The best approach, I feel, is to have a stong, clear contract -- skipping the legal terms like "ownership" but being very clear about (1) what the Adopter has to do with regard to future treatment of the dog and (2) that you are conveying the dog with the right to reclaim if these things are not done.
Then, if something does go sour and the dog isn't conveniently running stray or chained out for hours on end, get some hard EVIDENCE that the conditions were violated and go to court or to the sheriff or some other legal authority and start an action to get the dog back that way -- basically breach of contract action, tho the name will be different in different states.
Possession is the key - no doubt about it. But it doesn't give the Adopter *all* the rights. Likewise, having possession is a great advantage to the rescue group, but not if other laws are violated in the process of acquiring it.
What is REALLY needed is some litigation where rescues go to court to get back an animal --- that creates precedent, if it's favorable, and tells you what else you need to do, if you lose. And given the scarcity of law on this subject, precedent (or lessons learned) from one State can be used in the courts of another -- not legally binding but some good guidance for the judge. And even if you LOSE and cannot reclaim a dog, the fact that you are willing to go to court to enforce your conditions related to the dog's future health and well-being will say volumes to others who adopt from you. Think about it -- would you get a dog from someone and feel free to neglect it if you believed that that someone would take you into court once you did? Even if you thought you might not have to give the dog back in the end, who wants to be hauled into court?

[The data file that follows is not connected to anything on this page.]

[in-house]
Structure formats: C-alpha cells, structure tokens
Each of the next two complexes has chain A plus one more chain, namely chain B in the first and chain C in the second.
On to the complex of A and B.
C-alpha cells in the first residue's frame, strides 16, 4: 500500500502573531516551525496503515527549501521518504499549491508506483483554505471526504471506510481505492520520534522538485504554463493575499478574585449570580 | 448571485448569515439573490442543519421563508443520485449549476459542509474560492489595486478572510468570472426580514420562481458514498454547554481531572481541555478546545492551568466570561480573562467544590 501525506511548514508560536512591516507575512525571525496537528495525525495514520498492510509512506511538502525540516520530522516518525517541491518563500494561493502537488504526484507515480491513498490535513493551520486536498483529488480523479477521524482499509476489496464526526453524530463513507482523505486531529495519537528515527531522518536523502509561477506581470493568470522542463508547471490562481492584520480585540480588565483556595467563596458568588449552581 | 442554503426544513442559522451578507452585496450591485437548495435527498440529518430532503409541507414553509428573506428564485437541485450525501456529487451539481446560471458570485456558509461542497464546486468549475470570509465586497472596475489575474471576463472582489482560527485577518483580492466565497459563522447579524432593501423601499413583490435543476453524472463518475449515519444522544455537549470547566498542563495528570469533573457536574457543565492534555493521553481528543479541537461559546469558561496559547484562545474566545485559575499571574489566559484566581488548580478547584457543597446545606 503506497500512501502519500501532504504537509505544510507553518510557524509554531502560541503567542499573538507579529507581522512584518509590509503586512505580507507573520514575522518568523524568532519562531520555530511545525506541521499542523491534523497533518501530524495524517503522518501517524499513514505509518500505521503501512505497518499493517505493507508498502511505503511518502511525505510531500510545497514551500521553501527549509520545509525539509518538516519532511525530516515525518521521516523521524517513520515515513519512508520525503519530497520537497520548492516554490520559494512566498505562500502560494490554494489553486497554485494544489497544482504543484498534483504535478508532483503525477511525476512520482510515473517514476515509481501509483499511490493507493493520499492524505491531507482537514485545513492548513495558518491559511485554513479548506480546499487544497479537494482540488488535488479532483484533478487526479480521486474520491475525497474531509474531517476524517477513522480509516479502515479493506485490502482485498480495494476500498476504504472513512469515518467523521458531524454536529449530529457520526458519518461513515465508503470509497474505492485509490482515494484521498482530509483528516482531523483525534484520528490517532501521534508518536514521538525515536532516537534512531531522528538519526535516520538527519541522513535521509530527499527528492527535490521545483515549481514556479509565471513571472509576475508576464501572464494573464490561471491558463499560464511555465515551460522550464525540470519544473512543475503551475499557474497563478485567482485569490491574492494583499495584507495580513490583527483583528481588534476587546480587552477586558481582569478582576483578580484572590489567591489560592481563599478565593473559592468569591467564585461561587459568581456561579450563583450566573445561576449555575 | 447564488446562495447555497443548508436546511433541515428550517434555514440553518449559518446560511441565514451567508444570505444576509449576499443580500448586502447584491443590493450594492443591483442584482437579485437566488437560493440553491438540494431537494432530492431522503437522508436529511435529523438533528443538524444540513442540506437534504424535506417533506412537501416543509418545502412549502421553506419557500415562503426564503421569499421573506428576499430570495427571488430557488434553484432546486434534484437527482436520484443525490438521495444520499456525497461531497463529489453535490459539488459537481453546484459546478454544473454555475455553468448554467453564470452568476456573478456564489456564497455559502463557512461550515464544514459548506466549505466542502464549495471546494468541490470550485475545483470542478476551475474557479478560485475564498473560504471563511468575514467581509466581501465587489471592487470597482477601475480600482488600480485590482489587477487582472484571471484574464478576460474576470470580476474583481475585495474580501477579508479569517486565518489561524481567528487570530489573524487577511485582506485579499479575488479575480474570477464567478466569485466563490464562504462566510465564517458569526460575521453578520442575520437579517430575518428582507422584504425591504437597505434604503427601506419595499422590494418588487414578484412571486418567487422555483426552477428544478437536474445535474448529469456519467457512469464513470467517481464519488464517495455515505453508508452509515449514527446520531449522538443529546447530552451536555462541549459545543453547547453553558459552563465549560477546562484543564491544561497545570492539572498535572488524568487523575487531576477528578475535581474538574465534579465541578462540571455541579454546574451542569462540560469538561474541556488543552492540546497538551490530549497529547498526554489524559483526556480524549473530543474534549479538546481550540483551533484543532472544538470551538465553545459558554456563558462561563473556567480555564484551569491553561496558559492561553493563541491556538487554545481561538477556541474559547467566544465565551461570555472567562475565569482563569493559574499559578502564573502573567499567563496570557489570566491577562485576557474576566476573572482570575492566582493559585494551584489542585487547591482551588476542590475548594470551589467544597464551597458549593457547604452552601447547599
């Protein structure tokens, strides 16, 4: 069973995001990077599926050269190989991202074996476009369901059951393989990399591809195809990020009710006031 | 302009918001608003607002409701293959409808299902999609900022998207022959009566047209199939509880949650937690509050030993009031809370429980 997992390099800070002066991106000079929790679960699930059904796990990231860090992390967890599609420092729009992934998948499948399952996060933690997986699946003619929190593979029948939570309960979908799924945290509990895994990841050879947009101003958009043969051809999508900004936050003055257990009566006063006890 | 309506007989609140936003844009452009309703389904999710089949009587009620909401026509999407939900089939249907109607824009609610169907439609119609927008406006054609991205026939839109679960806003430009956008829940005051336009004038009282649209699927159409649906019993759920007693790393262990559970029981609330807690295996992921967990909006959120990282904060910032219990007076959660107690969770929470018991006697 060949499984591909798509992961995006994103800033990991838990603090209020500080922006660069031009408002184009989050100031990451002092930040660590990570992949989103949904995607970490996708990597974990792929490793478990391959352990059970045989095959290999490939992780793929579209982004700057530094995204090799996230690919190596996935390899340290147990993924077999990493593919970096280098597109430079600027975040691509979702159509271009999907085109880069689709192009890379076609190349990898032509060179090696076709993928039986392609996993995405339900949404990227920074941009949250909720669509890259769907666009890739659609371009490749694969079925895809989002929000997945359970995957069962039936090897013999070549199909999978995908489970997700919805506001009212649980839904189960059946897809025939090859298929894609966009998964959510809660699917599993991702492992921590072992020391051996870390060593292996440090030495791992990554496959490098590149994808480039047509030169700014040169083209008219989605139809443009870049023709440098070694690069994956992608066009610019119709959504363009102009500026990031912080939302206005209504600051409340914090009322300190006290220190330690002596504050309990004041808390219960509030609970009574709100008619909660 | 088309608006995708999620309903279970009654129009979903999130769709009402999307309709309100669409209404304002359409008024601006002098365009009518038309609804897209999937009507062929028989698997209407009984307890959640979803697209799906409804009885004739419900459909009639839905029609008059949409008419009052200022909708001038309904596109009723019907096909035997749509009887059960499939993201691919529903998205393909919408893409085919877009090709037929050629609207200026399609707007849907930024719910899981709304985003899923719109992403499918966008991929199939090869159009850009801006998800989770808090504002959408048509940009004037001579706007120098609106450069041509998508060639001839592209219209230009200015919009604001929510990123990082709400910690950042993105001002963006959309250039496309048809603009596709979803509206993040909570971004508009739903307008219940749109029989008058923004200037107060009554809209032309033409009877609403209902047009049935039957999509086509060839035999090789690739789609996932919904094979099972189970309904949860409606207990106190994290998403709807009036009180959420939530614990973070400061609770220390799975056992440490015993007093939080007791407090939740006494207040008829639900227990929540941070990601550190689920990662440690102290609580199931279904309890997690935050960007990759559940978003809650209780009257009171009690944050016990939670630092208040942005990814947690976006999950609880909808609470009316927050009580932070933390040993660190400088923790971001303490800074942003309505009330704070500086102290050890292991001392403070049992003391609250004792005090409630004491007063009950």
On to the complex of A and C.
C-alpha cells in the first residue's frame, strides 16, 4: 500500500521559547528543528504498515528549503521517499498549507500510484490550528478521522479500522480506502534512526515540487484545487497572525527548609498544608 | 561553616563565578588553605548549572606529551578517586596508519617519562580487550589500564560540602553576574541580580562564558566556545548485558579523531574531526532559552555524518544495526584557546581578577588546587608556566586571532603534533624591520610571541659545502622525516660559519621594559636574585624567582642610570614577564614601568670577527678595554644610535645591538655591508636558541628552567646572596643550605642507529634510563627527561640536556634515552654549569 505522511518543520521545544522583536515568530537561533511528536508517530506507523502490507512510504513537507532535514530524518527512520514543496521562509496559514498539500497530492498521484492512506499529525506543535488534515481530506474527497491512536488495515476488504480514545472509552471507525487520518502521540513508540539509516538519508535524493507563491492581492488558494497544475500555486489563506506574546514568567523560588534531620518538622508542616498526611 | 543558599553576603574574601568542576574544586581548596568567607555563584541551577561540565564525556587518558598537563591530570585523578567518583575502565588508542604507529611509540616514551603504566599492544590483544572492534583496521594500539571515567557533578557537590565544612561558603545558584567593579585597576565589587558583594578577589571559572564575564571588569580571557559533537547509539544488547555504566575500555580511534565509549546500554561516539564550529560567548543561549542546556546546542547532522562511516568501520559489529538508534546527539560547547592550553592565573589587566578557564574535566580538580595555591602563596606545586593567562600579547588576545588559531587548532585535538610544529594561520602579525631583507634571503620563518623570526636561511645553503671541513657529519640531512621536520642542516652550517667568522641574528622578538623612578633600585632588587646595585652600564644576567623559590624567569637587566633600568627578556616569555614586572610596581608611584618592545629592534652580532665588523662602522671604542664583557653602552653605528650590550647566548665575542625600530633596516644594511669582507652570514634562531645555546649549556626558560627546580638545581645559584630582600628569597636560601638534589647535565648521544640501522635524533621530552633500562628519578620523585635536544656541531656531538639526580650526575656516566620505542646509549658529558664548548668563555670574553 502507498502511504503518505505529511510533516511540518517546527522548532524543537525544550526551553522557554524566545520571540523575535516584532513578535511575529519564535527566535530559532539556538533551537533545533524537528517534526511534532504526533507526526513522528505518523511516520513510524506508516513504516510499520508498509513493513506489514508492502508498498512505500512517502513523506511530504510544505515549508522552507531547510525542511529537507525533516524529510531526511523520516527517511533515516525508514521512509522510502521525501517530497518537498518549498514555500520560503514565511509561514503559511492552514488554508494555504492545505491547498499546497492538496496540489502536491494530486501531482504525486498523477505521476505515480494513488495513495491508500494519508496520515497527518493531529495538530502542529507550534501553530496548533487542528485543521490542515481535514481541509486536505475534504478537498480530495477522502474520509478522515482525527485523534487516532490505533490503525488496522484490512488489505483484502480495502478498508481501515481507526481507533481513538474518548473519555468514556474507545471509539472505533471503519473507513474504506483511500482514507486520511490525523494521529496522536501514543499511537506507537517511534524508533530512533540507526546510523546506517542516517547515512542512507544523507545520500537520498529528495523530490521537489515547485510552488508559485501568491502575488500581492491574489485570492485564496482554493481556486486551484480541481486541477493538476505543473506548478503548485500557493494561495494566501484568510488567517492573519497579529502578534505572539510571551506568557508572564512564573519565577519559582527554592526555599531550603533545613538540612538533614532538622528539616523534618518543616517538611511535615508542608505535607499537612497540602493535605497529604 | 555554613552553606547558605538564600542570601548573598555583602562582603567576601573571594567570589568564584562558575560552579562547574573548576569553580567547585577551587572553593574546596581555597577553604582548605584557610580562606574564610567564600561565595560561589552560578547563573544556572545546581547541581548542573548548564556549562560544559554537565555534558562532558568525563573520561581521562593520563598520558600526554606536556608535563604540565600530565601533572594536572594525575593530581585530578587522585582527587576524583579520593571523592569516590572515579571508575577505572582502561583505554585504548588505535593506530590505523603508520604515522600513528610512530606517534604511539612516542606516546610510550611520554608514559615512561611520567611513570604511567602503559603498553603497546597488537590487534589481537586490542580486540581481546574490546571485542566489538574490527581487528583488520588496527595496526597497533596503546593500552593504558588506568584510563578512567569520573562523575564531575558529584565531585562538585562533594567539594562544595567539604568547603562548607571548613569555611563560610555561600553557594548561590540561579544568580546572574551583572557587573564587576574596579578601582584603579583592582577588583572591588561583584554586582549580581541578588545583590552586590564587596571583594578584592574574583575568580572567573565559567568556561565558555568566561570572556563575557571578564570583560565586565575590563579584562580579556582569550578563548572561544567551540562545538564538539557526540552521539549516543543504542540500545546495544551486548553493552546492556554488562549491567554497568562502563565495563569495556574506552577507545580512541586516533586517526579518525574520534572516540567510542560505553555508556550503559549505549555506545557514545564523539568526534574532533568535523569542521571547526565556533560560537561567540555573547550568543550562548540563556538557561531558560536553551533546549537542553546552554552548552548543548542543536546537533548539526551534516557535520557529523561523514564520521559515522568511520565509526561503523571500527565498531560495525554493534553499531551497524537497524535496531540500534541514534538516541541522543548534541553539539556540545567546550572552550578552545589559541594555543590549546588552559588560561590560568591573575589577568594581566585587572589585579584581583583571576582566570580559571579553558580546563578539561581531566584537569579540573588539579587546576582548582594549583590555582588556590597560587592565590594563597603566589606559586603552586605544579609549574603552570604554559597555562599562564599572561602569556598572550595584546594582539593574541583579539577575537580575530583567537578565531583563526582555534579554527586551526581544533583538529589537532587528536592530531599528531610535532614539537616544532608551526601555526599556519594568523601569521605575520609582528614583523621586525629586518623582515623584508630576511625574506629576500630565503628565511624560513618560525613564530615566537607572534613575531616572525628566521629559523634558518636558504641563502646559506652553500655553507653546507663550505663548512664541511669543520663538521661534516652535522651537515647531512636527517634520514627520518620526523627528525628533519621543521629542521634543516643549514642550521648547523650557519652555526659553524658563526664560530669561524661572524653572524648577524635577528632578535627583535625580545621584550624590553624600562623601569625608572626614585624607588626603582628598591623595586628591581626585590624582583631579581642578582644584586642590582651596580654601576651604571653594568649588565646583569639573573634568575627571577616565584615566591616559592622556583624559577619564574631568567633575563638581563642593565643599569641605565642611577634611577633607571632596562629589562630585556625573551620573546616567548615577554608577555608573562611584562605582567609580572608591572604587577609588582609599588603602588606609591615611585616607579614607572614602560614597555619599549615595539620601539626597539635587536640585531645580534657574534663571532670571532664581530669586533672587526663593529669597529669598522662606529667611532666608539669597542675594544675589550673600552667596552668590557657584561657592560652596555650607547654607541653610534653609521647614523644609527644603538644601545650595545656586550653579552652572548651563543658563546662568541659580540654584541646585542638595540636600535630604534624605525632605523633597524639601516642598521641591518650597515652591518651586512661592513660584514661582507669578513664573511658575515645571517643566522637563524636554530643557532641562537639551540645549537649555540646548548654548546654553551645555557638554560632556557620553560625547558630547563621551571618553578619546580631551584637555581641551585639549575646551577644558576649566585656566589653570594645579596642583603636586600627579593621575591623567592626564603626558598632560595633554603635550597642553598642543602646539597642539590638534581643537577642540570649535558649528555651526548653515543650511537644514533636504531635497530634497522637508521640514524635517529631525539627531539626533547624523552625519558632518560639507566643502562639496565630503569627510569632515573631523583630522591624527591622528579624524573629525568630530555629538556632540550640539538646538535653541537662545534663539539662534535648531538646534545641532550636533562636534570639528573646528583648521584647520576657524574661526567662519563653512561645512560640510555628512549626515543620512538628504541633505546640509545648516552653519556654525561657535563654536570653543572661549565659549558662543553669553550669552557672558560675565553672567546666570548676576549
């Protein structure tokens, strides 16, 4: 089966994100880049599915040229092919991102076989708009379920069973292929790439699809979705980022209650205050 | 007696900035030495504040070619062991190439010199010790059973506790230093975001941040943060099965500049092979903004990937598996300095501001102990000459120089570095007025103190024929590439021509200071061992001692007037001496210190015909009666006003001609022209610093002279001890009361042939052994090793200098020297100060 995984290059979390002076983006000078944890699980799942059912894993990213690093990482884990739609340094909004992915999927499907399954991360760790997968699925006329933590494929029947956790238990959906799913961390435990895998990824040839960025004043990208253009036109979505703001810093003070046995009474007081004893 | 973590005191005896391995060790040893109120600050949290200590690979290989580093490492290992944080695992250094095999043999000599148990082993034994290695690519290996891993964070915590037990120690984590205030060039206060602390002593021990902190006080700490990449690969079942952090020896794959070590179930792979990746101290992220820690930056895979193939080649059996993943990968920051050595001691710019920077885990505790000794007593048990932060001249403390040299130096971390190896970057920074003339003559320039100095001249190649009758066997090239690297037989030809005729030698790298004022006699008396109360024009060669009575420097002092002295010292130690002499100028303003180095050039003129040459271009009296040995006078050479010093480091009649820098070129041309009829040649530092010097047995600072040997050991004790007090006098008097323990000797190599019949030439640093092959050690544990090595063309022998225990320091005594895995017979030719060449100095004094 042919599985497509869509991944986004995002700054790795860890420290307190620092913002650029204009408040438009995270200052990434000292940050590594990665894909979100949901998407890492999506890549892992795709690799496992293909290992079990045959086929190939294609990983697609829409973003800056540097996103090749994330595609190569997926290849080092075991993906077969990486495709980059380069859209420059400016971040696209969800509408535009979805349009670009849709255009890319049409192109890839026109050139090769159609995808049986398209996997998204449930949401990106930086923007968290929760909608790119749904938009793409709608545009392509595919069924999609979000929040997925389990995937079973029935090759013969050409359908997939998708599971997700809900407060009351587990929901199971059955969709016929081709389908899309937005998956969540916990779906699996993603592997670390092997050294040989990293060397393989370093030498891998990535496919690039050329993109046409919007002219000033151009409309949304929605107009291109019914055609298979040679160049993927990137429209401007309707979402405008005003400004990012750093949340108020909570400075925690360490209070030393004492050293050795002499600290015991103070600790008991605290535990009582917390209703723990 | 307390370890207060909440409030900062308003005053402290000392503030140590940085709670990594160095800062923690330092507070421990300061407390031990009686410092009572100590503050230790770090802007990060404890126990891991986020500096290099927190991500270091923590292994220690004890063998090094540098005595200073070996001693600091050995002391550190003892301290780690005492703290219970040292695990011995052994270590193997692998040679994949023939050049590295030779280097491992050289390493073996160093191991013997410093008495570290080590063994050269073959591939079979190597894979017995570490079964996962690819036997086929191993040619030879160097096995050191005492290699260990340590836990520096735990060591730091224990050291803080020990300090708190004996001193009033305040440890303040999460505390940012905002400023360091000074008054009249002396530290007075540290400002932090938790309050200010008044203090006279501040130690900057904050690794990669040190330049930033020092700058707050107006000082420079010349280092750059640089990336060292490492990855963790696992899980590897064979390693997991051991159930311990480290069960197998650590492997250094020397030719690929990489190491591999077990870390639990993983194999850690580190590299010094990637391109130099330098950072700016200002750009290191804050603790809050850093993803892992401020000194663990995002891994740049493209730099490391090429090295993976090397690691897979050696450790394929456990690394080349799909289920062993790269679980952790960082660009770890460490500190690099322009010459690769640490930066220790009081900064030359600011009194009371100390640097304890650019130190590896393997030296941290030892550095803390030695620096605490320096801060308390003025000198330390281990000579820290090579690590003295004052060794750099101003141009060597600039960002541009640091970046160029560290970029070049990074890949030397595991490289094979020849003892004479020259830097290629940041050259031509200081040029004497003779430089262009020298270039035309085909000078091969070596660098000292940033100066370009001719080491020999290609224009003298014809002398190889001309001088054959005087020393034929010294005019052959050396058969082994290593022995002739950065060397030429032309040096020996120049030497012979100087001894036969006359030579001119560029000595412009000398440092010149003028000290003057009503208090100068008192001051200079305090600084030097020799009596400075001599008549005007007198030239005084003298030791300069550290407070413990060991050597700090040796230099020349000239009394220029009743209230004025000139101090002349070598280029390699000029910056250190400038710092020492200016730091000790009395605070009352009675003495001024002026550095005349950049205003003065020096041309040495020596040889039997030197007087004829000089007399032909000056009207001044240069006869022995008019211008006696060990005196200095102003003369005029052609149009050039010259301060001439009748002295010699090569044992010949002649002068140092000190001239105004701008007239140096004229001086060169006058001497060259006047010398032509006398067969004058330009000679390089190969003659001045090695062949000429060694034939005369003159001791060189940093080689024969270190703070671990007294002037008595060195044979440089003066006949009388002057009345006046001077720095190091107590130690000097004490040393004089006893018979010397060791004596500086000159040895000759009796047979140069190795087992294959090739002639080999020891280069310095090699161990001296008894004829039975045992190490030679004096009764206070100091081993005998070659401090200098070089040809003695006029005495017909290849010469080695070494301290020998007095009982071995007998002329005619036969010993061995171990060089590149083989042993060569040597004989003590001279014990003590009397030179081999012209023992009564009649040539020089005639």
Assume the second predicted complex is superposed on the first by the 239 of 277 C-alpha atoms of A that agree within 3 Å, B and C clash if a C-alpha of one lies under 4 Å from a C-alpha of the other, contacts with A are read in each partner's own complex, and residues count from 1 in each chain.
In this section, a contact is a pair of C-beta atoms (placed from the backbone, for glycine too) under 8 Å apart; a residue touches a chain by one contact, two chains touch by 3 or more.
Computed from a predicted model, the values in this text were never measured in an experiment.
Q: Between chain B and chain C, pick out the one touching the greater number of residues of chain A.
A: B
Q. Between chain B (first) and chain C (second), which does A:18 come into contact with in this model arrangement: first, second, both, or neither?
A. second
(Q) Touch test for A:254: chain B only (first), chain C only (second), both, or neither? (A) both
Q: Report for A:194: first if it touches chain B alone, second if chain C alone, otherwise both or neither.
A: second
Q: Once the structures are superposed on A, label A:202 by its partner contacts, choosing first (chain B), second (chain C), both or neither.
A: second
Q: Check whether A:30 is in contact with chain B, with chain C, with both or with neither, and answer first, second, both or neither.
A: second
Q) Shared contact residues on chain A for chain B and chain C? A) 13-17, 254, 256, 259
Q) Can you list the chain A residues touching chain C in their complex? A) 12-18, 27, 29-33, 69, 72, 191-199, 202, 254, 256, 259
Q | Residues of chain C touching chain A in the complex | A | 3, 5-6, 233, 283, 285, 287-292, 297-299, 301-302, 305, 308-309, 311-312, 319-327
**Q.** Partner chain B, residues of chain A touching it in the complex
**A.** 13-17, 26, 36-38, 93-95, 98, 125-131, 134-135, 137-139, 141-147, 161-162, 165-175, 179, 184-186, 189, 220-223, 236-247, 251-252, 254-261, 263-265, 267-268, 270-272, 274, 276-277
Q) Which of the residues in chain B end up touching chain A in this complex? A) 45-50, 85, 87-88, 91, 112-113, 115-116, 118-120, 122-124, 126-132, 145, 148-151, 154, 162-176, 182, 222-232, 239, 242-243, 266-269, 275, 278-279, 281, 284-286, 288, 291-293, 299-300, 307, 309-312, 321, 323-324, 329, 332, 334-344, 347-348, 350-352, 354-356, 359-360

I'm willing to bet that R***'s successful fight to get a dog back (Congratulations!!!) has had a "ripple effect" and prevented the need to go to such lengths in other cases. In almost any field of law, a person's - or an attorney's - actual willingness to go to court if necessary carries a powerful, often convincing message of its own.
If R*** and others would give us some details about successful court battles -- date, court, name of the case -- then we would have some encouragement and amunition to undertake our own when it becomes necessary.
I've done research into breeder contracts and all cases I can find dealing with rescue --- and there aren't many!! Which means that some sensible, carried-through-to-the-end litigation by rescues could have a powerful role in shaping the "law" of this area. Now that we have the Internet and lists like this one, we can pool our rescources and knowlege and make it more likely that we will succeed. That's why I went on and on so about the Musto puppy mill closure ---- the more people are aware of what it takes and that it can succeed with a specific sort of evidence, or with this or that sort of contract, the more likely they are to undertake a similar effort.